The treatment of the Iraqi general "could fairly be described as torture," Dolan said.
In an e-mail to a commander, Dolan said, Welshofer wrote that restrictions on interrogation techniques were impeding the Army's ability to gather intelligence. Welshofer wrote that authorized techniques came from Cold War-era doctrine that did not apply in Iraq, Dolan said.
"Our enemy understands force, not psychological mind games," Dolan quoted from Welshofer's message. Dolan said an officer responded by telling Welshofer to "take a deep breath and remember who we are."
In other words, European soldiers shouldn't be tortured, while this is appropriate for Arab soldiers (note that this prisoner was a military officer).
This isn't an aberration. Consider this, written by a general who has served in Iraq with the most steadfast of the U.S. military's allies in Iraq:
In an article published this week [the week of January 10, 2006] in the Army magazine Military Review, British Brig. Nigel Aylwin-Foster, who was deputy commander of a program to train the Iraqi military, said American officers in Iraq displayed such "cultural insensitivity" that it "arguably amounted to institutional racism" and may have spurred the growth of the insurgency. The Army has been slow to adapt its tactics, he argues, and its approach during the early stages of the occupation "exacerbated the task it now faces by alienating significant sections of the population."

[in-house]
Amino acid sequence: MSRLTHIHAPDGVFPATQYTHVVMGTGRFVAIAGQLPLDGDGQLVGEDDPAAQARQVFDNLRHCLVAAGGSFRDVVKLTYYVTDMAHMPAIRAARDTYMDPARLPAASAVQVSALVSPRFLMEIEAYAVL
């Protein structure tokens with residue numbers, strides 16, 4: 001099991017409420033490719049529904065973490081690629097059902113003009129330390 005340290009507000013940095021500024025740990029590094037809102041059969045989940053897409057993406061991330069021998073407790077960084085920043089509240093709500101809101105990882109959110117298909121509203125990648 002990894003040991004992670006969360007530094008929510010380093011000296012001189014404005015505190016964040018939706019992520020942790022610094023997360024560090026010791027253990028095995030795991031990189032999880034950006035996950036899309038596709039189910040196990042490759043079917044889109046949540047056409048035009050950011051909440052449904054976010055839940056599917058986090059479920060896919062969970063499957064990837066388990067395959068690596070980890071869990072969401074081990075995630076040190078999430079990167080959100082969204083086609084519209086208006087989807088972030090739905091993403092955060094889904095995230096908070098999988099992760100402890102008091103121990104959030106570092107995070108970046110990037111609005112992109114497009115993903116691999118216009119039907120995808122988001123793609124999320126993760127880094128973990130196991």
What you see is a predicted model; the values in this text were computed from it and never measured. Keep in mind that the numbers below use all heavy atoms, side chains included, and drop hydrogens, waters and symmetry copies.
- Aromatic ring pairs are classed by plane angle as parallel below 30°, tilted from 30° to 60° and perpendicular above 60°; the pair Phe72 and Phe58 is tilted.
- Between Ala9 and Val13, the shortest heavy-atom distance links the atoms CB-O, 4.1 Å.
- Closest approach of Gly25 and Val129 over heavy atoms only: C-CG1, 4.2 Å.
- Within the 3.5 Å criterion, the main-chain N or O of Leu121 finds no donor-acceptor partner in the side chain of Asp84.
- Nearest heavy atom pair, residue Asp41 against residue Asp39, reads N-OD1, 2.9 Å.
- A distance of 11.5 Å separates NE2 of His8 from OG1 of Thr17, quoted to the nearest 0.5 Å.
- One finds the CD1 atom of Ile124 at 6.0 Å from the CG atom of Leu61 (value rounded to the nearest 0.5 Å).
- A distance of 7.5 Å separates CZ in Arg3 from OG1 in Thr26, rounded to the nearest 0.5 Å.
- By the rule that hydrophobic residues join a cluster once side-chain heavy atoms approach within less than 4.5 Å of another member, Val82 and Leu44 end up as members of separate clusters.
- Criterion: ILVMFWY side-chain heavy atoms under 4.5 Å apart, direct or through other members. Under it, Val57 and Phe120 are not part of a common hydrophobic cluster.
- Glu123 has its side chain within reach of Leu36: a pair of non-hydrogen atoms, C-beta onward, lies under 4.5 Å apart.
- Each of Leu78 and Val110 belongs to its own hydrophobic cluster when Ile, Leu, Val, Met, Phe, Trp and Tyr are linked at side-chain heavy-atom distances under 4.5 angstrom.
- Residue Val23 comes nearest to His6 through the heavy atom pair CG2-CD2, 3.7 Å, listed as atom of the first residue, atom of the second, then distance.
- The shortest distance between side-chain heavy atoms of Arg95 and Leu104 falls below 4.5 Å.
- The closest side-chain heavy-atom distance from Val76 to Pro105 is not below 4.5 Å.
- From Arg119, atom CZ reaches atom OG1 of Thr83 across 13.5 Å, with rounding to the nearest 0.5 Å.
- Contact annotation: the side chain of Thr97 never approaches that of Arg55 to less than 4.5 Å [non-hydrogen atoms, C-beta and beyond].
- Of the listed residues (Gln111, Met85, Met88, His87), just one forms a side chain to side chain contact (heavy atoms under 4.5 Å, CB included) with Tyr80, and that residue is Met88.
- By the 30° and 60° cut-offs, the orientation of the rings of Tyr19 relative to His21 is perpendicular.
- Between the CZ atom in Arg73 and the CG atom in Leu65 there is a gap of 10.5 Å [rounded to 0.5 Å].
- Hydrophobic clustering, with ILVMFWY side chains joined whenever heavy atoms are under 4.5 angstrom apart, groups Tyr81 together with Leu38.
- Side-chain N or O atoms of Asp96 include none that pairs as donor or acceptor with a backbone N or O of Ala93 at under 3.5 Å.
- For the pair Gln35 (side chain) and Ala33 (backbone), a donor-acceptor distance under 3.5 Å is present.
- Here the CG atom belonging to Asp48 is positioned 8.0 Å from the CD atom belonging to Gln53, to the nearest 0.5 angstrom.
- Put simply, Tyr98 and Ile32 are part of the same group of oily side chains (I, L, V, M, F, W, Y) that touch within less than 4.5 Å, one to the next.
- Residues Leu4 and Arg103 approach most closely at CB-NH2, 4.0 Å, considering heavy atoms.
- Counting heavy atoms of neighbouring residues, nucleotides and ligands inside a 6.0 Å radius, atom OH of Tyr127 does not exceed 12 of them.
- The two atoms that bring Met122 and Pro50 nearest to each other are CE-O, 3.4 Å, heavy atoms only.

(Full article here.)
The U.S. military is second to none in blowing up identified targets. But, in counter-insurgency actions, the key issue is finding the right targets, which are rarely heavily defended from the perspective of a U.S. military unit, and winning over allies in the local population.
We could have learned this lesson from our counter-insurgency experience in Vietnam. We could have foreseen future counter-insurgency actions from that fact that they have been the predominant activity of First World military forces in the past several decades. But, instead, the lesson the U.S. military learned from Vietnam was that counter-insurgency actions are hard. So, it made a conscious policy decision to develop a force structure designed to fight Cold War battles with Russisa to the exclusion of any dedicated counter-insurgency capabilities, in the hope that this would discourage U.S. Presidents from committing them to such missions. This decision was a mistake that has cost us dearly in the Iraq War.
Also, for those, like Secretary of State Rice, who say that the U.S. does not engage in torture, it is worth remembering that out of many custodial deaths in U.S. custody in Iraq and Afghanistan, many of which have been declared to be homicides by U.S. officials, that this one is the only one that has produced by a conviction, and the U.S. prosecutor in this case called what happened in this case torture.